PPSY 700H, Assessment I, 3 Units

This course gives students a broad understanding of the psychometric principles related to psychological assessment. This course is the first in a sequence of assessment courses that are continued in the doctoral program, and, therefore, has specific emphases necessary to provide a foundation for a psychologist's knowledge base in assessment. Special emphasis is placed on understanding the science of psychological assessment, including an introduction to descriptive statistics, reliability, validity, and item analysis. Structuring a basic assessment battery, conducting clinical interviews and the use of psychological tests in diverse contexts is also addressed. This course is taken during the first year of the doctoral program and is foundational to the curriculum. As such, subsequent coursework builds upon the knowledge, concepts, and skills introduced in this course.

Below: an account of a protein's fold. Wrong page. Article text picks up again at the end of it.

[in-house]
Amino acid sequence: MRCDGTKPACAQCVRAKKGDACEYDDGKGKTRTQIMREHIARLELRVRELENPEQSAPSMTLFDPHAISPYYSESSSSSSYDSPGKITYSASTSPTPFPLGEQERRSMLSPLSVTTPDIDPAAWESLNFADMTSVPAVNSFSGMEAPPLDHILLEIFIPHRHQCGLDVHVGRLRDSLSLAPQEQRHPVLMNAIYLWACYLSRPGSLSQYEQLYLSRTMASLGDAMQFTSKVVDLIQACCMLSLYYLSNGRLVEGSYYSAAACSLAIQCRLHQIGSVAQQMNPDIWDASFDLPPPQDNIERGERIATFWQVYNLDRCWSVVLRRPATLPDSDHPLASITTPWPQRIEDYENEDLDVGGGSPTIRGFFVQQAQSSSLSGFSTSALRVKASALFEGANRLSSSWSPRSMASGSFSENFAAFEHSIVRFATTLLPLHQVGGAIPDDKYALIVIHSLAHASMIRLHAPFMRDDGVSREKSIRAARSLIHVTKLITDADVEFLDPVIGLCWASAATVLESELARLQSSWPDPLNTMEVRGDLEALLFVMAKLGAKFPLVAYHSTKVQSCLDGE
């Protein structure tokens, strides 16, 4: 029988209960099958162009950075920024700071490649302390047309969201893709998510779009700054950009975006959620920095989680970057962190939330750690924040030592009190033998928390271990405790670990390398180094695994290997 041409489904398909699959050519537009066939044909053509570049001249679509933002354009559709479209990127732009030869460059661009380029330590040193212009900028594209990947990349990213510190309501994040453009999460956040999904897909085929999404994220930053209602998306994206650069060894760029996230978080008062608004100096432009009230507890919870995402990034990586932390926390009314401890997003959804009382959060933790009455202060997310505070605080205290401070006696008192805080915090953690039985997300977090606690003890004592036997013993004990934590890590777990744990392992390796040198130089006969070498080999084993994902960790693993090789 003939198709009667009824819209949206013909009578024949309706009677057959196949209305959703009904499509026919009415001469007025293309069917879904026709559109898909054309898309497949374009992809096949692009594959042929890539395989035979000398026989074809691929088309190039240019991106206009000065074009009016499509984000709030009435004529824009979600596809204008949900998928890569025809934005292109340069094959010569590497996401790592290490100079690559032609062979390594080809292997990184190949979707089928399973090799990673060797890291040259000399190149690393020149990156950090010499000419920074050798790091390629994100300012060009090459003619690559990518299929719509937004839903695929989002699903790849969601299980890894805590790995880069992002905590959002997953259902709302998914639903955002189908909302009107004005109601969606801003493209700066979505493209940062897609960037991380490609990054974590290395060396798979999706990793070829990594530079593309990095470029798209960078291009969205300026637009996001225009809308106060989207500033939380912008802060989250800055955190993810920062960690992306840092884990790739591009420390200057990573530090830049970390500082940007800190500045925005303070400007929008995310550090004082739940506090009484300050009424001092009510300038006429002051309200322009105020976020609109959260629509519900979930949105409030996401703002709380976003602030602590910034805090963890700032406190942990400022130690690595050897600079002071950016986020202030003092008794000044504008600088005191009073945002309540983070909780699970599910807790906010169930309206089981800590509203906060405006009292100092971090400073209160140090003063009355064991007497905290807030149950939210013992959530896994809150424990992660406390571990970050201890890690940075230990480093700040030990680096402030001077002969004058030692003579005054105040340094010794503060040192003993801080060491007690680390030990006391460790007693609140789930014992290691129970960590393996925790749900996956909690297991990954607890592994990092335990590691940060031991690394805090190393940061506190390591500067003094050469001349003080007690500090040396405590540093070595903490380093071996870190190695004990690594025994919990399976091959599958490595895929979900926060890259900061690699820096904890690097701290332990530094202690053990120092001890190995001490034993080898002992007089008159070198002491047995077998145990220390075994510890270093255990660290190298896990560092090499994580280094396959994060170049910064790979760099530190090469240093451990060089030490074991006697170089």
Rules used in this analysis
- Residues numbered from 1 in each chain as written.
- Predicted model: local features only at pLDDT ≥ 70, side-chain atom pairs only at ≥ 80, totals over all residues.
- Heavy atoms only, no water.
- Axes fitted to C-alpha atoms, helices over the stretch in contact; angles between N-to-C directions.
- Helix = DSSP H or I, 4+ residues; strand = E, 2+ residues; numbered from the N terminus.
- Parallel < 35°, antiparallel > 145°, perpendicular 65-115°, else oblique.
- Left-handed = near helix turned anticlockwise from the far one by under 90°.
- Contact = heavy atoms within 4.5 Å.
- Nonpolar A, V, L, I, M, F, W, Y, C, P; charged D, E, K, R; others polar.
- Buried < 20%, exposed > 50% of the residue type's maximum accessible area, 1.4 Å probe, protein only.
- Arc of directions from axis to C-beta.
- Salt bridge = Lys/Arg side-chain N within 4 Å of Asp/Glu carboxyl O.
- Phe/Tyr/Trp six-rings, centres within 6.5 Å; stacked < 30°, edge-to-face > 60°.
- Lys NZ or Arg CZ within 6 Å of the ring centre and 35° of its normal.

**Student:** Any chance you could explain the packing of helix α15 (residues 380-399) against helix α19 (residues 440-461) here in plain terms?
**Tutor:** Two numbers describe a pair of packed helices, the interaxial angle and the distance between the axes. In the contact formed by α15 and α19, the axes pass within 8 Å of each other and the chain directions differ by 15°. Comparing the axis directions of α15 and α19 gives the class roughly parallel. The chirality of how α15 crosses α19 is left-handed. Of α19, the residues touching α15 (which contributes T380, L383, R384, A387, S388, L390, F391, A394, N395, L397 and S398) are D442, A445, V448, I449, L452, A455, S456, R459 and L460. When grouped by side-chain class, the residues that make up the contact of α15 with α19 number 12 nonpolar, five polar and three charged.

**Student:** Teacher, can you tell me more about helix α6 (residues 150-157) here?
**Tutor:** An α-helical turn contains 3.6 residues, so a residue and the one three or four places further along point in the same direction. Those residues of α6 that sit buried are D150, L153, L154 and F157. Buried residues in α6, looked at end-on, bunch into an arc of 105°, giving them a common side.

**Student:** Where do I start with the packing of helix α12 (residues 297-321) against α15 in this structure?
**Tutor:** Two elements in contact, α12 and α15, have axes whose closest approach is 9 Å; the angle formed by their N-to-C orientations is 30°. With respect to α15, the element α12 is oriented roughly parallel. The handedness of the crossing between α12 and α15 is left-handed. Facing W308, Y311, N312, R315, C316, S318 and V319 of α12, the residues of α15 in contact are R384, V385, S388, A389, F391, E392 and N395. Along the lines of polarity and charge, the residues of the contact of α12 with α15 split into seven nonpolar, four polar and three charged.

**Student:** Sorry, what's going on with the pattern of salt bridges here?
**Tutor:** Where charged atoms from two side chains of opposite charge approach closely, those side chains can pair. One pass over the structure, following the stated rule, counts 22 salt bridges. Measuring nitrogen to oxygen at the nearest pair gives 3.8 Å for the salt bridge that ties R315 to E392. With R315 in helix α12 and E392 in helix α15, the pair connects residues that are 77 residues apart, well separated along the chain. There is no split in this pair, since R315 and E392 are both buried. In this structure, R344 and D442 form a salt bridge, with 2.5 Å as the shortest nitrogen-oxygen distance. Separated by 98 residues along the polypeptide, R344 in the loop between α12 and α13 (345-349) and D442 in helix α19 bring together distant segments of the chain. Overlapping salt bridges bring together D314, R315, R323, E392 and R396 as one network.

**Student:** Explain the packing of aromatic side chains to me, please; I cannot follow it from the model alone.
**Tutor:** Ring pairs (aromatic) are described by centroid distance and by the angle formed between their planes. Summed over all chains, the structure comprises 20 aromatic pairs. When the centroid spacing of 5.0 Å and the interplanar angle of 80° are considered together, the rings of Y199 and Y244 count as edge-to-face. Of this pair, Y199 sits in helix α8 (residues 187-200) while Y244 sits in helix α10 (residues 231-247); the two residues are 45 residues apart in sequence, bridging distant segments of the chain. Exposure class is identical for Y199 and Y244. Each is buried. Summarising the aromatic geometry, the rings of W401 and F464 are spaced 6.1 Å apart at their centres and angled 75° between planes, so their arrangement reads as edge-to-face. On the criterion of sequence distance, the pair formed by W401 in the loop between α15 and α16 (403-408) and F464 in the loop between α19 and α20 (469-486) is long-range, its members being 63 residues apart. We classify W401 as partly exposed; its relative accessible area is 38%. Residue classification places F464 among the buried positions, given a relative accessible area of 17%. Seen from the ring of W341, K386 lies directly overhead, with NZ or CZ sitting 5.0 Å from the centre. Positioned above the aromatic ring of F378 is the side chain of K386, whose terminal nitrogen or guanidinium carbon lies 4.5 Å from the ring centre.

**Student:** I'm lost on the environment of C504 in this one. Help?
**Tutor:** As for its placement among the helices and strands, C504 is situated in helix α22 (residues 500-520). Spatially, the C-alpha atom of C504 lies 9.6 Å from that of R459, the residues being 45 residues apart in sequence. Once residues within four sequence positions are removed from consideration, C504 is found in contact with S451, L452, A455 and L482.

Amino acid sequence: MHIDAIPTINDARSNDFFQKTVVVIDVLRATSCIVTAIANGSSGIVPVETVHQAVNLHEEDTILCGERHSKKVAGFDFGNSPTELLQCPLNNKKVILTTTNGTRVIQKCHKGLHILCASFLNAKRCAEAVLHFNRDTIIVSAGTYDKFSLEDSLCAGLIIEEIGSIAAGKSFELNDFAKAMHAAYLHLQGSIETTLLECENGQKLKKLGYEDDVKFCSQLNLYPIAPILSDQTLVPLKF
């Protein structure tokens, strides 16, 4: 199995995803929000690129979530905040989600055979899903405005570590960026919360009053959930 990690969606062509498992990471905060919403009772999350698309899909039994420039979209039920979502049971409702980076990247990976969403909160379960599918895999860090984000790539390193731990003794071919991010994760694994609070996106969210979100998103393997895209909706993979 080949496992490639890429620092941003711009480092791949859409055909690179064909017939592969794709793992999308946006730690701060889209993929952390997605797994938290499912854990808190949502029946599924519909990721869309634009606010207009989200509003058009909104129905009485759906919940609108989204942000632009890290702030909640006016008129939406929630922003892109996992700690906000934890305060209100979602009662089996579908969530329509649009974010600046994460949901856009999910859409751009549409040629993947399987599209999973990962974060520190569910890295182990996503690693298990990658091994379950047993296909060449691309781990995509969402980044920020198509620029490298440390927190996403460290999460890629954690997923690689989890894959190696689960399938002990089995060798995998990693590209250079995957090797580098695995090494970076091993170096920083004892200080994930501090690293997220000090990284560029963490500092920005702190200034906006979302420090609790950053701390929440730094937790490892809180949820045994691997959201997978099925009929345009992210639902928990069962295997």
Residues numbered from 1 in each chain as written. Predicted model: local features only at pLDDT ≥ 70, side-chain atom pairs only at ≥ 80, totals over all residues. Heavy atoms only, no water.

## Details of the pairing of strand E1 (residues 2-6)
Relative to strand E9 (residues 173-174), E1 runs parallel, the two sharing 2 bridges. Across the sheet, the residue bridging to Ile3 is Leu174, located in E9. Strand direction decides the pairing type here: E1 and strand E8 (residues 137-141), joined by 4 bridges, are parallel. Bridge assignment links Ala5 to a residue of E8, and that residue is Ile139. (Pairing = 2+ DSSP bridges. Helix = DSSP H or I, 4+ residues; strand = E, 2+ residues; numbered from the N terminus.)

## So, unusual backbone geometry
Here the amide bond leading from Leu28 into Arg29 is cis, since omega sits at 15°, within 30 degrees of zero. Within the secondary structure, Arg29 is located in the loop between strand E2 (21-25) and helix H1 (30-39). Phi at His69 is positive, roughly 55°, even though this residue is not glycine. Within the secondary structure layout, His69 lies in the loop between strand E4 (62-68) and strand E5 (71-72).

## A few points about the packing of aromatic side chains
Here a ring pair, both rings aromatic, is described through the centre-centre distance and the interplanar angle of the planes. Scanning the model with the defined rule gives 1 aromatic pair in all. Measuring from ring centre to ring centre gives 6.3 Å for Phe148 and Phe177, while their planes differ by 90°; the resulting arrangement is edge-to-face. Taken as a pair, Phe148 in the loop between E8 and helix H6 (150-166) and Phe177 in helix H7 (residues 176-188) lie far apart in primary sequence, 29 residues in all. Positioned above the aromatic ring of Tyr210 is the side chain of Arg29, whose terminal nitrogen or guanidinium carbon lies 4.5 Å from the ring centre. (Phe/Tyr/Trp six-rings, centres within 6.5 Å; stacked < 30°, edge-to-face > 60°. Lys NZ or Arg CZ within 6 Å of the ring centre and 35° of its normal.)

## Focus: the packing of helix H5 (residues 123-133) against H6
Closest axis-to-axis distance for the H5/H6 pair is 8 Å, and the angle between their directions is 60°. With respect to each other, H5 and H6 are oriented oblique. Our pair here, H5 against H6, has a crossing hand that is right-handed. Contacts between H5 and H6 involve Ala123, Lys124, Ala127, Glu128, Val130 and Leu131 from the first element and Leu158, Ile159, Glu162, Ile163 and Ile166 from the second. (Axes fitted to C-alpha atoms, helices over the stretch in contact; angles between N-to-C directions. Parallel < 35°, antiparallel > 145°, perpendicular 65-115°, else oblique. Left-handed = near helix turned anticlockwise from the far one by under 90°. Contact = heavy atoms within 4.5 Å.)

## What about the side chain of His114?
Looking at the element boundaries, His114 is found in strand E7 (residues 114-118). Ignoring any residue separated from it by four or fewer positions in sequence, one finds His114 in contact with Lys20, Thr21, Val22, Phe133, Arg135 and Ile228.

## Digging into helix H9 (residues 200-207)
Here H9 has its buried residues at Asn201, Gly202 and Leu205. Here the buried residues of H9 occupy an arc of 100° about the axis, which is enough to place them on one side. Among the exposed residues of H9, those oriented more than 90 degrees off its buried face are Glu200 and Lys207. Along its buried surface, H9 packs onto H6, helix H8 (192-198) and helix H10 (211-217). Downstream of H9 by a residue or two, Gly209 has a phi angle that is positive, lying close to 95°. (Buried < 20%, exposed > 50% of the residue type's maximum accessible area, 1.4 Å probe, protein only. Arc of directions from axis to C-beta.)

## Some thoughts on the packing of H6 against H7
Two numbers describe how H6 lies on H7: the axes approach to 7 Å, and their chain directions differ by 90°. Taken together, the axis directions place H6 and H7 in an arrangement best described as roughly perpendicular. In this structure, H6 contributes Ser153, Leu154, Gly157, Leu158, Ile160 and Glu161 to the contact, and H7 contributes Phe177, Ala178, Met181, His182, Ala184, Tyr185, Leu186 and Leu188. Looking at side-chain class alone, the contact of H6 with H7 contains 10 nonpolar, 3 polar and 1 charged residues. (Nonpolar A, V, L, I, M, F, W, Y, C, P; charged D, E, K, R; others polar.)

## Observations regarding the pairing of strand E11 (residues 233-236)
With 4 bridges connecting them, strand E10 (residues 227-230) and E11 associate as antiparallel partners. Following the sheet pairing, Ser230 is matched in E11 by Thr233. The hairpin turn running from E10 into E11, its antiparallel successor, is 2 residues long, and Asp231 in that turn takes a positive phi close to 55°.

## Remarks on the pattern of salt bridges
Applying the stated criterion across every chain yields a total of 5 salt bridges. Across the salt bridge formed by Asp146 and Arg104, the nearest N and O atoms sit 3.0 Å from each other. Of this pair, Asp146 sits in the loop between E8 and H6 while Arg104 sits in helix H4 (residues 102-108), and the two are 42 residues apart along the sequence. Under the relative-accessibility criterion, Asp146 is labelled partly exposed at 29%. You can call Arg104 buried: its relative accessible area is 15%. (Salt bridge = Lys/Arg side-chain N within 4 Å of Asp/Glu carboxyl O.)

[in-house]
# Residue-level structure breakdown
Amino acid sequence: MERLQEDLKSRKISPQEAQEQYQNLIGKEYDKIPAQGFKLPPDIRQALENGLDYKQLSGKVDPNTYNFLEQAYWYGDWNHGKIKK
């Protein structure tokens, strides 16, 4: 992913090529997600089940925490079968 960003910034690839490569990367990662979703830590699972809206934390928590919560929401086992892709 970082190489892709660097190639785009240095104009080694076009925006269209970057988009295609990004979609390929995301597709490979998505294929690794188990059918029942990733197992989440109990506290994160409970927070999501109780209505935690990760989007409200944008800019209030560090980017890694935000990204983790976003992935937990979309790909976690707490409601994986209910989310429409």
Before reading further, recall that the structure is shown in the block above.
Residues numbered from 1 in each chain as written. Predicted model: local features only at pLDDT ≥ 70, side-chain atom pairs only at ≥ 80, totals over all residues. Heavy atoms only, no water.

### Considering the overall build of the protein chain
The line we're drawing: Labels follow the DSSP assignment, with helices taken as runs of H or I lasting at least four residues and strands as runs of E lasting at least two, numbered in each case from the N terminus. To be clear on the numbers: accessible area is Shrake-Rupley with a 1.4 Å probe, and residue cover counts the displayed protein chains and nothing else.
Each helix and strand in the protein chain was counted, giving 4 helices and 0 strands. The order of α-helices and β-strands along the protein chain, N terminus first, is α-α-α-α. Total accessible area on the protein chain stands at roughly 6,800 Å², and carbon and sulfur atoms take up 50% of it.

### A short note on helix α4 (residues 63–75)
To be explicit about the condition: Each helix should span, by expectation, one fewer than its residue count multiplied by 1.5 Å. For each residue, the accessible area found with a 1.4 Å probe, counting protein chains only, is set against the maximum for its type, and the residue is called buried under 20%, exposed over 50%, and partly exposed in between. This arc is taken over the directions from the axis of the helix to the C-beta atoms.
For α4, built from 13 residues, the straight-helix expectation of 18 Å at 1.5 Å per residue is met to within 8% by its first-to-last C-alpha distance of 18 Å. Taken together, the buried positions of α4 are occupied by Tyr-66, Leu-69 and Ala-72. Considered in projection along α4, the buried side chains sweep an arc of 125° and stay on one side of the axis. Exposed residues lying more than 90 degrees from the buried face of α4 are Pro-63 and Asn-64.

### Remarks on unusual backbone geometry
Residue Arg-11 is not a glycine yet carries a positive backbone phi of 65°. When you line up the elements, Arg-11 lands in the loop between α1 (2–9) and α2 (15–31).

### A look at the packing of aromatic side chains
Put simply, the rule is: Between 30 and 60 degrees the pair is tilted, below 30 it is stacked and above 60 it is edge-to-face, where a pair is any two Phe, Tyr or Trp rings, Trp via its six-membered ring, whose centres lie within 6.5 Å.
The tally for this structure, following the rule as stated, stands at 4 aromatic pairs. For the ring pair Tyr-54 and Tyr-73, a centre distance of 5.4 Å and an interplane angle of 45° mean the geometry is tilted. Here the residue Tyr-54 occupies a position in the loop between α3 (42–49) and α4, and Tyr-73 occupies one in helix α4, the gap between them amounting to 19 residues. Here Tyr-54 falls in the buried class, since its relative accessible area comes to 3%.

PPSY 700I, Systems II: Family Therapy, 3 Units

This course consists of an overview of current theories and methods of family intervention. The systems approach is emphasized, though psychodynamic and communication concepts in the interpersonal field are also included. The major theorists in each system are identified and their techniques demonstrated.

Prerequisite: PPSY 711

PPSY 700J, Introduction to Clinical Skills: Advanced Skills, 3 Units